The ‘problem’ with most cycling shoes is that they’re normally designed to keep your feet cool, which is great in the summer, perhaps, but this can make keeping your feet warm an almost impossible task in the winter.
It feels like we have the same conversation every single year: ‘How do I stop my feet getting cold in the winter?’. And while there’s an endless array of socks, overshoes and ingenious tricks that claim to be able to put an end to your misery, for some people and conditions, none of these will even come close.
This is where the dedicated winter cycling shoe comes in.
Free of superfluous ventilation, roomy enough for thick, wooly socks and built with materials specifically designed to protect your feet from the elements, winter cycling shoes are the equivalent of a proper winter jacket for your feet.
- Best road cycling shoes 2020: top-rated road cycling shoes
- Best mountain bike shoes 2020: our tried-and-tested recommendations
Do you need winter cycling shoes?
It depends. Do you get cold feet while cycling in the winter and how much does it bother you?
If the answer to those two questions is ‘no’ and ‘not much’, then you probably don’t need winter cycling shoes.
In milder parts of the world, for example, it’s perfectly possible to carry on through the winter with overshoes only in place to protect your lovely disco slippers from road spray.
If your answers to the above questions are ‘yes’ and ‘a lot’, it’s likely you could benefit greatly from a pair of dedicated winter cycling shoes.
Not only are they more likely to keep your feet warm and dry in the harshest conditions, they’re also considerably more durable than overshoes, many of which begin to fall apart the instant they come into contact with the ground.
There’s also the ‘hassle factor’. Getting ready for a winter ride can become a chore if you’ve got endless layers to pull on – winter shoes can remove the inconvenience often associated with overshoes.
The best winter cycling shoes in 2020
- Mavic Crossmax Elite CM: £160 / $198 / €180
- Fizik Artica R5: £189.99 / $229 / €200
- Northwave Himalaya Boot: £230 / $252.99 / €252.09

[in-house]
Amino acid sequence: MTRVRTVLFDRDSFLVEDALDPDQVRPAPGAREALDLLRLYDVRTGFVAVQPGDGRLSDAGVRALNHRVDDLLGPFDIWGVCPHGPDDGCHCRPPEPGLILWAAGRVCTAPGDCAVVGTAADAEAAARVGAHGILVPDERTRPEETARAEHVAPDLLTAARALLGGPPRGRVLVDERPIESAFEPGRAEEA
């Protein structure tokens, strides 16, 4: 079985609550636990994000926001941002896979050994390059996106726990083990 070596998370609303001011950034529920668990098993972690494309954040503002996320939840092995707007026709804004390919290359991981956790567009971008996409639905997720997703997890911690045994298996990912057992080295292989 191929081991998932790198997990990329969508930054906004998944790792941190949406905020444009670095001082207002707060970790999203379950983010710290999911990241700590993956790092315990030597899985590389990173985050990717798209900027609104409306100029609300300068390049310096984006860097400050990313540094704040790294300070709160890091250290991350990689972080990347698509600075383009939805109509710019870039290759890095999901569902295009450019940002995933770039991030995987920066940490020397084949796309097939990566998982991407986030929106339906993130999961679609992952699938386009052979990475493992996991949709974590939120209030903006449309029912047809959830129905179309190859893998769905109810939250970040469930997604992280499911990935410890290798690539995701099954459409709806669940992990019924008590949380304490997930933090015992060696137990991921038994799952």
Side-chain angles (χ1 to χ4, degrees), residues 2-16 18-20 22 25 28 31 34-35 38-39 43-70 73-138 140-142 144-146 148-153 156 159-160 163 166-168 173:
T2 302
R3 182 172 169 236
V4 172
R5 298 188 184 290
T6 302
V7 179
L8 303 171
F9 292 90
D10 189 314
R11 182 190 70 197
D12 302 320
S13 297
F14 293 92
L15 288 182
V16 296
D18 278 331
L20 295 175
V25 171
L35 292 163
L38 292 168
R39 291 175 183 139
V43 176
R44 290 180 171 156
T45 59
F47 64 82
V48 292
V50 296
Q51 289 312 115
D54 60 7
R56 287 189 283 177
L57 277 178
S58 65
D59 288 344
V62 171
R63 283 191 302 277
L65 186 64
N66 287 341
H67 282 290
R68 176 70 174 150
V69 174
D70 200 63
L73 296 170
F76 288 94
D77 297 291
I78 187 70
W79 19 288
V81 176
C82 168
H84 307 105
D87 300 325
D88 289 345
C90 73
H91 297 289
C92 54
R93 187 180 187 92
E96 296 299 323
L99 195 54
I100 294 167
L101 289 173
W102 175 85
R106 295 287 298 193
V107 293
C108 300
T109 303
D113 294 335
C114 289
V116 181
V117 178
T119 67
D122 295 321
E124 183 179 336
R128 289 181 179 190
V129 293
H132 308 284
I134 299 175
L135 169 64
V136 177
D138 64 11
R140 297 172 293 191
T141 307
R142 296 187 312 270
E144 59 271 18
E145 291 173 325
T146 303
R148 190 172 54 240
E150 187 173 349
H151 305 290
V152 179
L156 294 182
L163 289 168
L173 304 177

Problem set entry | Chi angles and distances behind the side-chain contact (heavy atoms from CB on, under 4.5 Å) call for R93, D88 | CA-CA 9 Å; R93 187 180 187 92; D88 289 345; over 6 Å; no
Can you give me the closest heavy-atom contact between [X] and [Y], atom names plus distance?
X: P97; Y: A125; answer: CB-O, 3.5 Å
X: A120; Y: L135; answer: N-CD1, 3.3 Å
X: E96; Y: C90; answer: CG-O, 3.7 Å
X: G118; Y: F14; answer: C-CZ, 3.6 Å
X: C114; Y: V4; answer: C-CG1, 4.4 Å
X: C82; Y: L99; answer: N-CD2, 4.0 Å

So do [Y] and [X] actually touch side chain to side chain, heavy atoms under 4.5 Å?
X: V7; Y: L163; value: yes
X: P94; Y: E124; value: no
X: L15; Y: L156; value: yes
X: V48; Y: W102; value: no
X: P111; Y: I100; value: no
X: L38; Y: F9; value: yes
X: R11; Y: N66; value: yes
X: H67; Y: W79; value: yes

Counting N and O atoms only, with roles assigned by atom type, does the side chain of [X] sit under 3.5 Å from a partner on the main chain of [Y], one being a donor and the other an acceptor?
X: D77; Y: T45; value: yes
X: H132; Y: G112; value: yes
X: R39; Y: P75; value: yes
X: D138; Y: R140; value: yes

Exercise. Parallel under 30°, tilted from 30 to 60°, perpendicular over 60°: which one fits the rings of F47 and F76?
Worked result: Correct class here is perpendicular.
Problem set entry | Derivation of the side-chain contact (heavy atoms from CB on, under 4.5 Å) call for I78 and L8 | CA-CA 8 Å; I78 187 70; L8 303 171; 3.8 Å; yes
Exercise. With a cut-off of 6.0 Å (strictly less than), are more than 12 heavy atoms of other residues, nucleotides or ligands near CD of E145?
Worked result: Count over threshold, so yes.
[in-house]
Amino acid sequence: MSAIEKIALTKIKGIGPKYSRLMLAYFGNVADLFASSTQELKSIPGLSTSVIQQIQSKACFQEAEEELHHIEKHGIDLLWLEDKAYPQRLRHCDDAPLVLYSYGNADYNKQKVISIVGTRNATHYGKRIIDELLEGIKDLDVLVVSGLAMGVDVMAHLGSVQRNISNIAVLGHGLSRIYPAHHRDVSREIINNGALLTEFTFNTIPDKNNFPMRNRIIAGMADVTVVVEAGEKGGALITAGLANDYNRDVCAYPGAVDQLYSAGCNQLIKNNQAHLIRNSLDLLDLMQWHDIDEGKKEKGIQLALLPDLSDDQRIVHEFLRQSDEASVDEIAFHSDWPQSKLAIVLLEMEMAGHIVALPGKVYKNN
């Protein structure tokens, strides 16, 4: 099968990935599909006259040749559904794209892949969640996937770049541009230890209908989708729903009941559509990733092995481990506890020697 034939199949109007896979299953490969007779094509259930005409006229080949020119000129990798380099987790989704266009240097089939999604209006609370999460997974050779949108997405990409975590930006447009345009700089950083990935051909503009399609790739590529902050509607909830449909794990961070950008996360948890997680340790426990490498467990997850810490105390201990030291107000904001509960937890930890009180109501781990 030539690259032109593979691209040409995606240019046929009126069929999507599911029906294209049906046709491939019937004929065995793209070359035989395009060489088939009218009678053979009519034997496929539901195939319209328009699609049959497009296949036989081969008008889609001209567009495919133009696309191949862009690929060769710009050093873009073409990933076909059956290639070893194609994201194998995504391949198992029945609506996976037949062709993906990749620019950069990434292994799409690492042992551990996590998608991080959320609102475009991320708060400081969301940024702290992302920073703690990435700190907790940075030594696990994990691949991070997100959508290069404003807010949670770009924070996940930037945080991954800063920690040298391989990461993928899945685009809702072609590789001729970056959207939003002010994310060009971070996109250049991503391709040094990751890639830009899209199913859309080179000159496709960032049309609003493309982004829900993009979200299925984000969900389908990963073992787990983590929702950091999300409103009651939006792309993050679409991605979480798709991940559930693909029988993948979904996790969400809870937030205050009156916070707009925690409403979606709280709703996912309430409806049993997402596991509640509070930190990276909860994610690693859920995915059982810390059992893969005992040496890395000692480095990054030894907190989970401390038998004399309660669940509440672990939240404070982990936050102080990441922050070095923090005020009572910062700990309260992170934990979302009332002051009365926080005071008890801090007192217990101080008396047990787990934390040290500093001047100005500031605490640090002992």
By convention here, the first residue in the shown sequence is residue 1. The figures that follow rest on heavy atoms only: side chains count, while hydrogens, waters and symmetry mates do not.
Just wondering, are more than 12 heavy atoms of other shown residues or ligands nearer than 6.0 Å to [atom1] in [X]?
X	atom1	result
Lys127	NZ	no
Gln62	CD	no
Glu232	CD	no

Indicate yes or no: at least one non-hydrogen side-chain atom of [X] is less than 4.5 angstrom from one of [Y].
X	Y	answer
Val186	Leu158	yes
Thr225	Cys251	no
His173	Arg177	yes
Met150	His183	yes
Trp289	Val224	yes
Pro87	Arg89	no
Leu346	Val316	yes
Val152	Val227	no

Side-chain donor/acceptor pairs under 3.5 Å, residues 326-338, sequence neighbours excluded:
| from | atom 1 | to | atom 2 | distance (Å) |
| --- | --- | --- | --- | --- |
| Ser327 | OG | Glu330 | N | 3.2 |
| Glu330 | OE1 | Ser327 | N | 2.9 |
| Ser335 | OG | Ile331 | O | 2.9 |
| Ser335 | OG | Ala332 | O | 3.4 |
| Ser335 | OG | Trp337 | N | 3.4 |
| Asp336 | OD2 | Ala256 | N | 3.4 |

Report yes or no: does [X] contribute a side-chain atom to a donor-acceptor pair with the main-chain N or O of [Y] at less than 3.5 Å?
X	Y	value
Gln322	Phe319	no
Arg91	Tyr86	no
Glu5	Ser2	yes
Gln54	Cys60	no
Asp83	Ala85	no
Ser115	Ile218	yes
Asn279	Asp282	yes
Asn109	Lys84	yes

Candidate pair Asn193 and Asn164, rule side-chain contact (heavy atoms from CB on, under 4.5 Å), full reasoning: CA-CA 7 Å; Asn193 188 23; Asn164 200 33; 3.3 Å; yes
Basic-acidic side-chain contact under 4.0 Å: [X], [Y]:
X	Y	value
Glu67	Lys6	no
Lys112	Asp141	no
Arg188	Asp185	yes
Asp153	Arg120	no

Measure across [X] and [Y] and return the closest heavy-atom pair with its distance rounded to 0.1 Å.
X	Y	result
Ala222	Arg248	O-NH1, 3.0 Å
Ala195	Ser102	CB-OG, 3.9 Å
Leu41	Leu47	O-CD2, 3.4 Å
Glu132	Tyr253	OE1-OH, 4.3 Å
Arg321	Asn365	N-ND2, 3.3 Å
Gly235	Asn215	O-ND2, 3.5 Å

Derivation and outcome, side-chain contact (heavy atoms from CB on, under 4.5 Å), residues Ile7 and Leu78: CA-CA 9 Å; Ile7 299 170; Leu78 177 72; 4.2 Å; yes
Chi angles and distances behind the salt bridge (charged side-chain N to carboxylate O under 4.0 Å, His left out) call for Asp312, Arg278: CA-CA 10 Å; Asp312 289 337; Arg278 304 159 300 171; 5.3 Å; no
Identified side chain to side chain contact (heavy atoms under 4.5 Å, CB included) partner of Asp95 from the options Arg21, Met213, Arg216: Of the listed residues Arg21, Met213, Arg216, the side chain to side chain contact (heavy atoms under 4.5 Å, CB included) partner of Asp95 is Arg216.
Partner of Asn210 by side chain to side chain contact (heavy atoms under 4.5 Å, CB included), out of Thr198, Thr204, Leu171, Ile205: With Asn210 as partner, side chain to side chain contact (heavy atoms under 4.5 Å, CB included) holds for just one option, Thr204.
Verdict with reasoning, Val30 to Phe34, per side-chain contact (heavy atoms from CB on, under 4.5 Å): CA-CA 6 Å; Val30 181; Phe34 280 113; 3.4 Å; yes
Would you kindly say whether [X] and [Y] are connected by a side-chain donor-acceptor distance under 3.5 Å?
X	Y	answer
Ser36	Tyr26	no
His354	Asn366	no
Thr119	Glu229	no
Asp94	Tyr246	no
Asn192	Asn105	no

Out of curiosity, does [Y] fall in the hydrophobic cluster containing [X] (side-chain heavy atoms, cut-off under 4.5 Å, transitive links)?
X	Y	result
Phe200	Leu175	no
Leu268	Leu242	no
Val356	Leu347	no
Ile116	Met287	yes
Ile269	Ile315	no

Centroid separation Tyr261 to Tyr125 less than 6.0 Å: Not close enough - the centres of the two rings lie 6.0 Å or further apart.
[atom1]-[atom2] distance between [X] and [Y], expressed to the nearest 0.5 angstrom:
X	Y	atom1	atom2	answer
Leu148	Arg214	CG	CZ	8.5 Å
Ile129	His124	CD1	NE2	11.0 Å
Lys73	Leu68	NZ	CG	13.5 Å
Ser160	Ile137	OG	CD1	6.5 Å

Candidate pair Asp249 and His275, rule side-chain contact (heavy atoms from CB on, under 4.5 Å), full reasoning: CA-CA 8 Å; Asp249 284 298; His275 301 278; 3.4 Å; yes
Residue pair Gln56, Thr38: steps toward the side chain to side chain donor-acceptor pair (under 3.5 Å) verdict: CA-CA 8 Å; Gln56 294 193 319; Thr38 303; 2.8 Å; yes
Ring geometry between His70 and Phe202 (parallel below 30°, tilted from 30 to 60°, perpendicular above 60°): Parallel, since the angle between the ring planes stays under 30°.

- Shimano MW7 MTB: £189.99 / $275 / €242
Mavic Crossmax Elite CM
- £160 / $198 / €180
- Excellent high-performance cycling shoe
- Can shrug off the UK’s worst weather
- MTB cleat
Mavic’s Crossman Elite CM shoes are a brilliant pair of performance-orientated cycling shoes with added weather protection. Where most winter cycling shoes come with a substantial weight and performance penalty, the Mavic’s make them all look like wellies.
At under 900g for a muddy pair of size EU44s (with cleats), they feel lightweight on your feet and the sole is plenty stiff enough for racy power transfer.
The solid, weather-shrugging toe box and tongue make a massive difference to comfort in cold and wet conditions, and the neoprene collar provides excellent splash protection and helps keep your ankles warm even when water does get in.
Fizik Artica R5
- £189.99 / $229 / €200
- Warm and water resistant
- Good value
- Road cleat
These might be the perfect winter cycling shoes for road cyclists worried about sacrificing style for comfort.
Now into their second winter, our tester’s pair is still going as strong as ever. Highly water-resistant and warm, they also have a great fit (which is about half a size larger than usual Fizik shoes to accommodate thick socks) and, for winter-specific cycling shoes, also retain very sleek looks.
The inner soles were a particular highlight, while the bottoms are foil-lined for a bit of extra heat retention. The tops are covered in a soft, almost fleecy, fabric that makes them very comfortable.
Northwave Himalaya Boot
- £230 / $252.99 / €252.09
- Very warm and weatherproof
- Such comprehensive protection does mean they’re very hefty
- MTB cleat
Possibly the ultimate bad weather cycling shoe, Northwave’s Himalaya Boots look like they are built to take on a cycling trip up Everest, and they don’t disappoint when out on the road or trail.
The only question is whether you ride enough in the terrible conditions that these will protect you against to make them worth the cost.
If you do, we don’t think you will be disappointed. These are probably the warmest boots we’ve ever tested, and they’re waterproofing is great too – easily shrugging off plenty of rain and deep puddles.
Shimano MW7 MTB
- £189.99 / $275 / €242
- Warm and comfortable
- Gore-Tex lining for great wind and water resistance
- MTB cleat
The MW7s are Shimano’s top-of-the-range winter riding shoes and they offer performance to match, keeping your feet happy in pretty terrible winter conditions.
They’re designed for SPD pedals, but that doesn’t mean you can’t use them on a road bike – you just need the right pedals. Even roadies will appreciate the chunky, grippy sole for when you need to get off the bike at any point.
They have a Gore-Tex lining that means the upper is essentially waterproof and windproof, although they will get overwhelmed eventually if you’re out for hours. The integrated lace shield also stops the Boa closure from becoming overwhelmed with mud when you’re off-road.
The following winter cycling shoes scored fewer than four stars in our reviews, but are still worth considering.